Break-Apart 'Micro' Trekking Poles

By T.C. WORLEY

Before my trip to Chile this year, where I worked as a journalist covering the Wenger Patagonian Expedition Race, I searched for a set of trekking poles with three specific characteristics: Durability, lightweight, and “compactability” for stowing away when not in use.

Originally designed for the climber and mountaineer Ueli Steck, Leki’s Micro Poles looked like a fit for the task. Available starting this summer (GearJunkie got a pre-release test pair), the $150 poles have high-strength aluminum shafts and a carbide tip.

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Aluminum shafts and unique break-apart design

What makes them most unique is the poles’ three-part shaft, which breaks apart and connects with a thin cord similar to the way tent poles are hooked together. The result is a super packable pole that breaks apart to make a package that’s just 15 inches long. This small storage size makes stowing them away inside a backpack or lashed to the outside not a problem.

At about 9 ounces per pole, the Micros are light though not the airiest model on the market. But the stout aluminum shafts are in many scenarios worth the extra ounce or two. (See GearJunkie’s misadventure with a lighter, carbon-shaft pole in the post “Breaking Point: Trekking Pole Test.”)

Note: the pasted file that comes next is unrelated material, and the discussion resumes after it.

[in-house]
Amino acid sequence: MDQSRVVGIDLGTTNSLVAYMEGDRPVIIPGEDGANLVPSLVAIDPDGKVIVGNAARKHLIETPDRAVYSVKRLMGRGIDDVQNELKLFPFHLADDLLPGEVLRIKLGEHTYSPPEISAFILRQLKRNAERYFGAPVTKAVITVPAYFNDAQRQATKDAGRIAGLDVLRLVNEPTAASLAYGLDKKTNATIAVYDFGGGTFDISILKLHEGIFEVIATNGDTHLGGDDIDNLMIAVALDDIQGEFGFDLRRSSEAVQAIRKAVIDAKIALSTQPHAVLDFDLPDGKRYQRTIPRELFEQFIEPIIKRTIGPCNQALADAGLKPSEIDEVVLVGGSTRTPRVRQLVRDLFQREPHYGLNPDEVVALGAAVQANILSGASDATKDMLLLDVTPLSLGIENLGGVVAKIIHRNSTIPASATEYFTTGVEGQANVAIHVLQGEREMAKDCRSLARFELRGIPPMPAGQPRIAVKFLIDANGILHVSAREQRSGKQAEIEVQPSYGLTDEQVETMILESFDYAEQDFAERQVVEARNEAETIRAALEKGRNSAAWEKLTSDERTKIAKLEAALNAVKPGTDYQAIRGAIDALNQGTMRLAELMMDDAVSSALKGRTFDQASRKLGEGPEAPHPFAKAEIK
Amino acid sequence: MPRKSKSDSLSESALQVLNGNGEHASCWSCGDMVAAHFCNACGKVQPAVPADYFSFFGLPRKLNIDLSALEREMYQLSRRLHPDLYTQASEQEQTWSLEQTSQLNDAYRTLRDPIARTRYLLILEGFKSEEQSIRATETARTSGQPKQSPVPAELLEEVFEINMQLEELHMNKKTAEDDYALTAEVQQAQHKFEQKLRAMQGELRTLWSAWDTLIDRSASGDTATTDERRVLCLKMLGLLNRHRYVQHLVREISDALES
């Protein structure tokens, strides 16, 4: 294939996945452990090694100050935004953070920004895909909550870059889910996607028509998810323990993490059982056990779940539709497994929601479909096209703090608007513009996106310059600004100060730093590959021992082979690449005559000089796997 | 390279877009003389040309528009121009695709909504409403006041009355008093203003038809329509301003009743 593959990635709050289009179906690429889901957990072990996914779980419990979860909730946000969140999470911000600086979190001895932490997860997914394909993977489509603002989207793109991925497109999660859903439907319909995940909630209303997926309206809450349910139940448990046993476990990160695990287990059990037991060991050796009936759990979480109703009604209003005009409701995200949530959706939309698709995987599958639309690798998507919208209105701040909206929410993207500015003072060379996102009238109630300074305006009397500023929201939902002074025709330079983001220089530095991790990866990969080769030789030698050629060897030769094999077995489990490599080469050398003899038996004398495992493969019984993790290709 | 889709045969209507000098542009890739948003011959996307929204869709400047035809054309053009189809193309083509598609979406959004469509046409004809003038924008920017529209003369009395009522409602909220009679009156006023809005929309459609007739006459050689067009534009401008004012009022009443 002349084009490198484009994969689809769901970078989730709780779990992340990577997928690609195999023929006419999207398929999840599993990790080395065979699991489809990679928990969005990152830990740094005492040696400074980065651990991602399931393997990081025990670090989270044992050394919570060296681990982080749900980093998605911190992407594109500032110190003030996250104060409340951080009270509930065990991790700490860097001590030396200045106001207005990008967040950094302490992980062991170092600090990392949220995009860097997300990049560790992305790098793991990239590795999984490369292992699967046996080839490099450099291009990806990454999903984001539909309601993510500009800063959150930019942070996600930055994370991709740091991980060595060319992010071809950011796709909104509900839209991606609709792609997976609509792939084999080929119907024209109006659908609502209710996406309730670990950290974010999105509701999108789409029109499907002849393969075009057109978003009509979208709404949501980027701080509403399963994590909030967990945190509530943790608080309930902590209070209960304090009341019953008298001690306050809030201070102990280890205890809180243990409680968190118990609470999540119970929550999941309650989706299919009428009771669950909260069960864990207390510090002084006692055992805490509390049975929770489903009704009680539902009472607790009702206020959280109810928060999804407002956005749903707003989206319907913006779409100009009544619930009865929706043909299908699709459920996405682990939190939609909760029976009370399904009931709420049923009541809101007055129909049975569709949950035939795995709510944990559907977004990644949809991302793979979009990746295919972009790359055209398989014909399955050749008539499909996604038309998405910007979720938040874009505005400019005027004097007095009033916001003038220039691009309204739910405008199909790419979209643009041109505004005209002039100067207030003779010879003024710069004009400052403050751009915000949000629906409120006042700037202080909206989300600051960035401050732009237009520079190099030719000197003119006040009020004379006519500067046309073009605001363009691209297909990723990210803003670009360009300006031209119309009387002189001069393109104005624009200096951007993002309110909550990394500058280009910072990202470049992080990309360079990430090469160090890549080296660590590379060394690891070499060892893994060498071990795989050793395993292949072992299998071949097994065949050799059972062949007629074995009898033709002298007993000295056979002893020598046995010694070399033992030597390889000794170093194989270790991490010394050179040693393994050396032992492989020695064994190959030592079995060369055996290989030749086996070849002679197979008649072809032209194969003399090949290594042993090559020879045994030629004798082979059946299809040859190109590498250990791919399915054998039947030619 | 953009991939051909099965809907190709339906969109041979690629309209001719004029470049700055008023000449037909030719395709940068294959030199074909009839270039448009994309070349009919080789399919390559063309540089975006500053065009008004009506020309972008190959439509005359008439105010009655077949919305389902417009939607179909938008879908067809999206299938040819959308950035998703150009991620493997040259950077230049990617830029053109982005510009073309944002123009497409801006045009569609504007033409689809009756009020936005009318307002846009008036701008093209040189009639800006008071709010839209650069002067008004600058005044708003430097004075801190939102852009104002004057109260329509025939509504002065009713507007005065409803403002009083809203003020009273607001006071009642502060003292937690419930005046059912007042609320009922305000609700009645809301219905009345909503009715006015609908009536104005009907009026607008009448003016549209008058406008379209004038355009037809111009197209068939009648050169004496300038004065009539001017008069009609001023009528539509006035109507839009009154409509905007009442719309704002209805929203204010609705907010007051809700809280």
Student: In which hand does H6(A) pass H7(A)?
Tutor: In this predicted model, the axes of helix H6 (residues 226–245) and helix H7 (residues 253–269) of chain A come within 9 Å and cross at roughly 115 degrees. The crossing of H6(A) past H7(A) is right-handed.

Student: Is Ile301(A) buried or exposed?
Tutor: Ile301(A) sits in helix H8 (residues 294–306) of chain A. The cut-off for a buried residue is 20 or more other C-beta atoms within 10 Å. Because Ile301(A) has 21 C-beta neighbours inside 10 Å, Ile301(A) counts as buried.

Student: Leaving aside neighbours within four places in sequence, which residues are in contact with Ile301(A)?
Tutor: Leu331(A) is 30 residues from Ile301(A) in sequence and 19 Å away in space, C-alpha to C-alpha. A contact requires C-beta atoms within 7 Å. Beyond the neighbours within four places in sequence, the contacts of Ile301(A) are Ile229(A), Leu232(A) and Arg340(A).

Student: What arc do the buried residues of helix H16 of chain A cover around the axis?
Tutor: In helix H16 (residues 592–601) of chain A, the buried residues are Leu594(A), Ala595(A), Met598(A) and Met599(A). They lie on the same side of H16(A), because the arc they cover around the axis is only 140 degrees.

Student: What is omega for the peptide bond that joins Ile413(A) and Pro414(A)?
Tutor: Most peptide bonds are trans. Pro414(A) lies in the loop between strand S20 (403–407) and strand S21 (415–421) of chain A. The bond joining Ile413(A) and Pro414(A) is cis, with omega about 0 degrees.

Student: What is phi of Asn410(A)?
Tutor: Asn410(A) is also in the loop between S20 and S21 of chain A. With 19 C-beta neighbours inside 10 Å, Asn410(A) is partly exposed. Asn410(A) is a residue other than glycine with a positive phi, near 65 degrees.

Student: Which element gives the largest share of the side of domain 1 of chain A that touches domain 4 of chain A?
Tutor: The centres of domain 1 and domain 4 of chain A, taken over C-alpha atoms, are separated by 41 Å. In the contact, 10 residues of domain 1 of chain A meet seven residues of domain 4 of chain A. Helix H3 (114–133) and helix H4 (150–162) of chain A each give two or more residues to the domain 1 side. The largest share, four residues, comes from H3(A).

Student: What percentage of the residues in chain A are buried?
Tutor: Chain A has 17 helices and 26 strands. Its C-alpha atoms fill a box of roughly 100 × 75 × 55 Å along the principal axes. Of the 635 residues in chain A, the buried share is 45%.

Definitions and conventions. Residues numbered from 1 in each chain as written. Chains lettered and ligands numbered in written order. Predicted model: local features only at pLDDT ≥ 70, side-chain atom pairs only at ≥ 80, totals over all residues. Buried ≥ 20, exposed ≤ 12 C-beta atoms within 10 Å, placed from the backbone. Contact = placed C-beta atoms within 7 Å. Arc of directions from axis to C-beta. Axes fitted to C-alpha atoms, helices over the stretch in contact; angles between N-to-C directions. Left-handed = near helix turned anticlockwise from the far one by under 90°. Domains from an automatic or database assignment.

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Leki’s Micro trekking poles

Despite a sturdy build, I did bend one Micro pole slightly after repeated abuse — and many miles trekking in mountains and in swamps — in the Patagonian wilderness. Another abuse story: On the trek, when my pole baskets sunk into the mud, I found that the locked-together pole segments would separate slightly and “thunk” back together in place once freed from the mire. This was merely an annoyance, not a performance issue.

The poles’ simple, lightweight design demands that some features be eliminated. For one, the Micros are not height-adjustable. They are offered in three fixed-length sizes — 110, 120, and 130cm. Another thing: There is no built-in shock absorption with the pole, a feature some people may miss (but I did not).

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Bonus feature: Leki adds its generous and ergonomic “Aergon” grip

In the end, the good far outweighed the ill with these poles. They lived through Patagonia, one of the toughest gear-test environments on the planet that indeed snapped other trekkers’ poles in two. With a simple design, durability and relative light weight, the Micro poles are a good pick for people in need of durability on weekend hikes on up to mission-critical, fast-and-light outdoors feats.

—T.C. Worley

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